Perpetual Child: Adult Adoptee Anthology Contributor,
Perpetual Child: Adult Adoptee Anthology, Dismantling the Stereotype
Amanda Transue-Woolston (Co-editor & Contributor)
Mei-Mei Akwai Ellerman (AN-YA Project Co-founder & Contributor)
Diane René Christian (An-Ya Project Co-founder & Publisher)
Diane: Tell us about your piece published in Perpetual Child: Adult Adoptee Anthology.
Matthew: My piece is a kind of manifesto, I suppose you could call it.
Diane: How did you approach writing your piece included inside this Anthology?
Matthew: Honestly, I got angry about something and wanted to change it.
Amanda: Are there any adoptees that inspire you creatively? Feel free to answer in general terms of being inspired by the adoptee community if you do not wish to name anyone specifically.
Matthew: Yes, there are many, but here are a few outside of the An-Ya Project: Nicole Soo-jung Callahan, JaeRan Kim, and Mary-Kim Arnold.
Mei-Mei: Do you need complete quiet, a "room of your own," when you write or can you write under any circumstances? Does your writing simply flow from your pen, finger tips, or do you actually hear what you are writing, or see it as it takes shape?
Matthew: I need quiet to begin something. It’s very hard for me to get into a piece, but once I am in, quiet is slightly less essential. I just need to keep going.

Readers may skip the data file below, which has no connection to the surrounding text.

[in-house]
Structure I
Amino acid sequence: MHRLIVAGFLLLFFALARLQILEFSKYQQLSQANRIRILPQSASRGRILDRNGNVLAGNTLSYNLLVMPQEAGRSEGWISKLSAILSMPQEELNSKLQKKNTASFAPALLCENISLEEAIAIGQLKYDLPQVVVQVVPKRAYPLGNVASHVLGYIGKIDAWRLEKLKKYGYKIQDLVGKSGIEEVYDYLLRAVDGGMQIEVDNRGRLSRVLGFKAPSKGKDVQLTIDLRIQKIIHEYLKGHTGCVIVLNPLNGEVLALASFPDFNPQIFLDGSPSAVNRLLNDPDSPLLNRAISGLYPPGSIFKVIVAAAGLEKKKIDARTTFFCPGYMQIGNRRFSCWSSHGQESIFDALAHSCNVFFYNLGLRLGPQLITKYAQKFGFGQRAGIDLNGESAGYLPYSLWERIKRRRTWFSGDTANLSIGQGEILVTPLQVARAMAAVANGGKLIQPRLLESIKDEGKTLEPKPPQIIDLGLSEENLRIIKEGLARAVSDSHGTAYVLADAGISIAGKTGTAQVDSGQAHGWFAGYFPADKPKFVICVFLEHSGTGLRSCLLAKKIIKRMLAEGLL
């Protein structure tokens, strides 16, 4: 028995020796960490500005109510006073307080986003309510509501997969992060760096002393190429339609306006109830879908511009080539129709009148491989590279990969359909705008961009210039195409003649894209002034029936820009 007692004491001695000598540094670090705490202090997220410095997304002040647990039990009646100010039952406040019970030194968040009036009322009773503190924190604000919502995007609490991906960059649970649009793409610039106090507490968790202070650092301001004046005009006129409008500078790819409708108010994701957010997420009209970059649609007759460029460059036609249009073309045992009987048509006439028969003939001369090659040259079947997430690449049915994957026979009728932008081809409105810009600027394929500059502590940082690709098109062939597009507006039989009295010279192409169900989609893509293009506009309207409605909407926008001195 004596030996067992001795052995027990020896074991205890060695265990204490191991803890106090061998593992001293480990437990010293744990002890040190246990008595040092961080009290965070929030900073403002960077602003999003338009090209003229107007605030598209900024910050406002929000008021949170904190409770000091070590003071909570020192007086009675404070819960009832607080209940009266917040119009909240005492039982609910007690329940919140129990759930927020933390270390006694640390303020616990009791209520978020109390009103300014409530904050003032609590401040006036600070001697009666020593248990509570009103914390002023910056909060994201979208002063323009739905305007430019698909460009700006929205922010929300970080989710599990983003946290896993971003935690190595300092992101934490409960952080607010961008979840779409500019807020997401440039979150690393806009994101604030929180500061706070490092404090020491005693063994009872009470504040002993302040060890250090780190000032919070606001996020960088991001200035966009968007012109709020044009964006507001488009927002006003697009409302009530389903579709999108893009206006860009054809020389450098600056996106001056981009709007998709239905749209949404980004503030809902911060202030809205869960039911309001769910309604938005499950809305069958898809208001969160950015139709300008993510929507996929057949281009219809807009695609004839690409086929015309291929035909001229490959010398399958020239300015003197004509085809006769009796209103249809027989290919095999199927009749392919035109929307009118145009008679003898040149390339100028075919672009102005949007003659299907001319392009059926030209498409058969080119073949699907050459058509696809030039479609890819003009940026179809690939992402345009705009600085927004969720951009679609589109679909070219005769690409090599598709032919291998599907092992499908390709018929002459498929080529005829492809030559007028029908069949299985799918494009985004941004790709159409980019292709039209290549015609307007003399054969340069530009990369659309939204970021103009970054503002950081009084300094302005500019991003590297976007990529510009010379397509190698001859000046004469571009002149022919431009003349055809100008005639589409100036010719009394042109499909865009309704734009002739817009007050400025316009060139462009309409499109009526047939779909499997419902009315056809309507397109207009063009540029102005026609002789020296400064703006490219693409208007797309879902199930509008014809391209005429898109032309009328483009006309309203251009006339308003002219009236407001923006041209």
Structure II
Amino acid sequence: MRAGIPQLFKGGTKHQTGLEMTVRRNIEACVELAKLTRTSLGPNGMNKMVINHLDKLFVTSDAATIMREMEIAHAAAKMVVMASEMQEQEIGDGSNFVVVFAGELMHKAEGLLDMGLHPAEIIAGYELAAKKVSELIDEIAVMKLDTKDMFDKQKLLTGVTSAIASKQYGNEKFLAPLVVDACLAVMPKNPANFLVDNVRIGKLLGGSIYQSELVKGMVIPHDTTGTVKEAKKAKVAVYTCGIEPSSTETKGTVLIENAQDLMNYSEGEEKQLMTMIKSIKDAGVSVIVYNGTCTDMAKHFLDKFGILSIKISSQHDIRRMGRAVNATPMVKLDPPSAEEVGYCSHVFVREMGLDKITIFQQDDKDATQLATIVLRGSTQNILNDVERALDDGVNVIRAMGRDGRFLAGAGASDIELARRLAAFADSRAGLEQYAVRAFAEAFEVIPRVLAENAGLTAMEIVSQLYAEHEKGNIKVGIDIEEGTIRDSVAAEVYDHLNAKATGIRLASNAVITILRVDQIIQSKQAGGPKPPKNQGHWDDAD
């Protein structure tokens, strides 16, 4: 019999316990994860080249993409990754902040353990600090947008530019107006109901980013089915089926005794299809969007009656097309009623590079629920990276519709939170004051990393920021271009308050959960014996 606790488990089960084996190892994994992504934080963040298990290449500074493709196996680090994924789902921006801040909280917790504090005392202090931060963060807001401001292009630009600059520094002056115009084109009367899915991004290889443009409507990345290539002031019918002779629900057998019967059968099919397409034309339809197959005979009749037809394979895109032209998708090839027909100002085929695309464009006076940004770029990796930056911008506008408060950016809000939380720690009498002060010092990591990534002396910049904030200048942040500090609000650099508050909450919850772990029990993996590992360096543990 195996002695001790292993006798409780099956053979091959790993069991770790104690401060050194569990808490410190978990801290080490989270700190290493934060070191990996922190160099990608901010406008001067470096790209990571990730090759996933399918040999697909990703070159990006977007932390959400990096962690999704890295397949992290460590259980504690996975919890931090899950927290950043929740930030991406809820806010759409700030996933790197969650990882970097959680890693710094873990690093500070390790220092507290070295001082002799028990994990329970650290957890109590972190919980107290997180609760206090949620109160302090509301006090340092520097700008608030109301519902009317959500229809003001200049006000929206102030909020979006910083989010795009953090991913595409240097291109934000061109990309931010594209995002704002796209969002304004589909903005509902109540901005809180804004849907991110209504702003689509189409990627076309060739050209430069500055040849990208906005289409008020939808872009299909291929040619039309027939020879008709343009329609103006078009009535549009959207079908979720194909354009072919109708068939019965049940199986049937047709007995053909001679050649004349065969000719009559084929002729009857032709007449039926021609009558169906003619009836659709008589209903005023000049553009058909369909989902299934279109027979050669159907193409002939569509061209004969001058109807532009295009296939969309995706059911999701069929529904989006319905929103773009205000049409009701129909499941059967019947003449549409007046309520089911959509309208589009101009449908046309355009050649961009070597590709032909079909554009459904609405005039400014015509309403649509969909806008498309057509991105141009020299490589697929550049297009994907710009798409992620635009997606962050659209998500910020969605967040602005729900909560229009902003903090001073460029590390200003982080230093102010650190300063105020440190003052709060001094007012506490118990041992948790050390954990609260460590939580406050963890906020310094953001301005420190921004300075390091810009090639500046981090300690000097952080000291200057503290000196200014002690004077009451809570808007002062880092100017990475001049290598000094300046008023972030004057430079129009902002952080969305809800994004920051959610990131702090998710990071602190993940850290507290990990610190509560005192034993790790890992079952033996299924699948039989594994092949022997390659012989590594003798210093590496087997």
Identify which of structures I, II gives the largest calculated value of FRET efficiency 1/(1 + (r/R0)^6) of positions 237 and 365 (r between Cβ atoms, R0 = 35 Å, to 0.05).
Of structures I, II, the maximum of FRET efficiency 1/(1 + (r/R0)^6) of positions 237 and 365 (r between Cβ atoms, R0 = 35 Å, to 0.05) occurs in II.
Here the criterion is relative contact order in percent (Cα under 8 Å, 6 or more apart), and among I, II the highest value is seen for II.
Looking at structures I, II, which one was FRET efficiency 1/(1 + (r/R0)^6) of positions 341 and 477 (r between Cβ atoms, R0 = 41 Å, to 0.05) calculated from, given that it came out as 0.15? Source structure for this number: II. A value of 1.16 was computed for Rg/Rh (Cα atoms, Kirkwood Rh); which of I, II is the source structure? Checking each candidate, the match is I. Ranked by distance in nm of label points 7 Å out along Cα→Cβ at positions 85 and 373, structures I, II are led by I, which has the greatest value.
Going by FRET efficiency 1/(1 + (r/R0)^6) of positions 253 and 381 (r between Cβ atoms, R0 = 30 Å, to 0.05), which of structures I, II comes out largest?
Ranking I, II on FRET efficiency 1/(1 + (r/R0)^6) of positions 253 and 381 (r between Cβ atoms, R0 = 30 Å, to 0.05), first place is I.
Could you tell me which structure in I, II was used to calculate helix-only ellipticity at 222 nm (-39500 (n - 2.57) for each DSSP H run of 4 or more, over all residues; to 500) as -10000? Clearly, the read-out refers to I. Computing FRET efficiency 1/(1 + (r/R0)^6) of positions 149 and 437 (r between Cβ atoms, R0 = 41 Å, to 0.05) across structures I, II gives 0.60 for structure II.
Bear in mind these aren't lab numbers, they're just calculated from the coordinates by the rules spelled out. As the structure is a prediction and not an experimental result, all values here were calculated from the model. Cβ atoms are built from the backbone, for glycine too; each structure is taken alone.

Amanda: Is feedback from other adoptees, other adoption community members, colleagues, or friends/loved ones a part of your creative process? If so, how do you include others in the creation of your pieces?
Matthew: Twitter is a part of my creative process. Sometimes that means feedback from the adoption community. When my essay from the anthology was republished at The Good Men Project, for example, a tweet from another adoptee was included in the lead-in.
Mei-Mei: Given the choice to make three major changes in your life up to now, what would they be?
Matthew: Gosh, so many things, but what's the use? I’d rather change three things yet to come.
Amanda: Do you feel that your writing is in any way a legacy to your posterity or a tribute to your ancestors—or both? If so, in what ways do you feel your ancestors/descendants appear within or inspire your writing?
Matthew: I’m not into posterity. I’d rather have some effect while I’m alive. I’m not writing for my ancestors, either. I’m writing for people I hope to connect with (for real), which means people living at the same time as I’m living.
Diane: What projects are you currently working on?
Matthew: I have a new book of essays out: Different Racisms: On Stereotypes, the Individual, and Asian American Masculinity. I also wrote a serialized, kdrama-like adoptee novel, Marked, that will be illustrated and published by the adoptee magazine, Gazillion Voices.
Diane: Have you read any great books recently?
Matthew: Laura van den Berg’s The Isle of Youth, Roxane Gay’s An Untamed State, and Kirstin Chen’s Soy Sauce for Beginners are three recent books I was lucky enough to read in manuscript.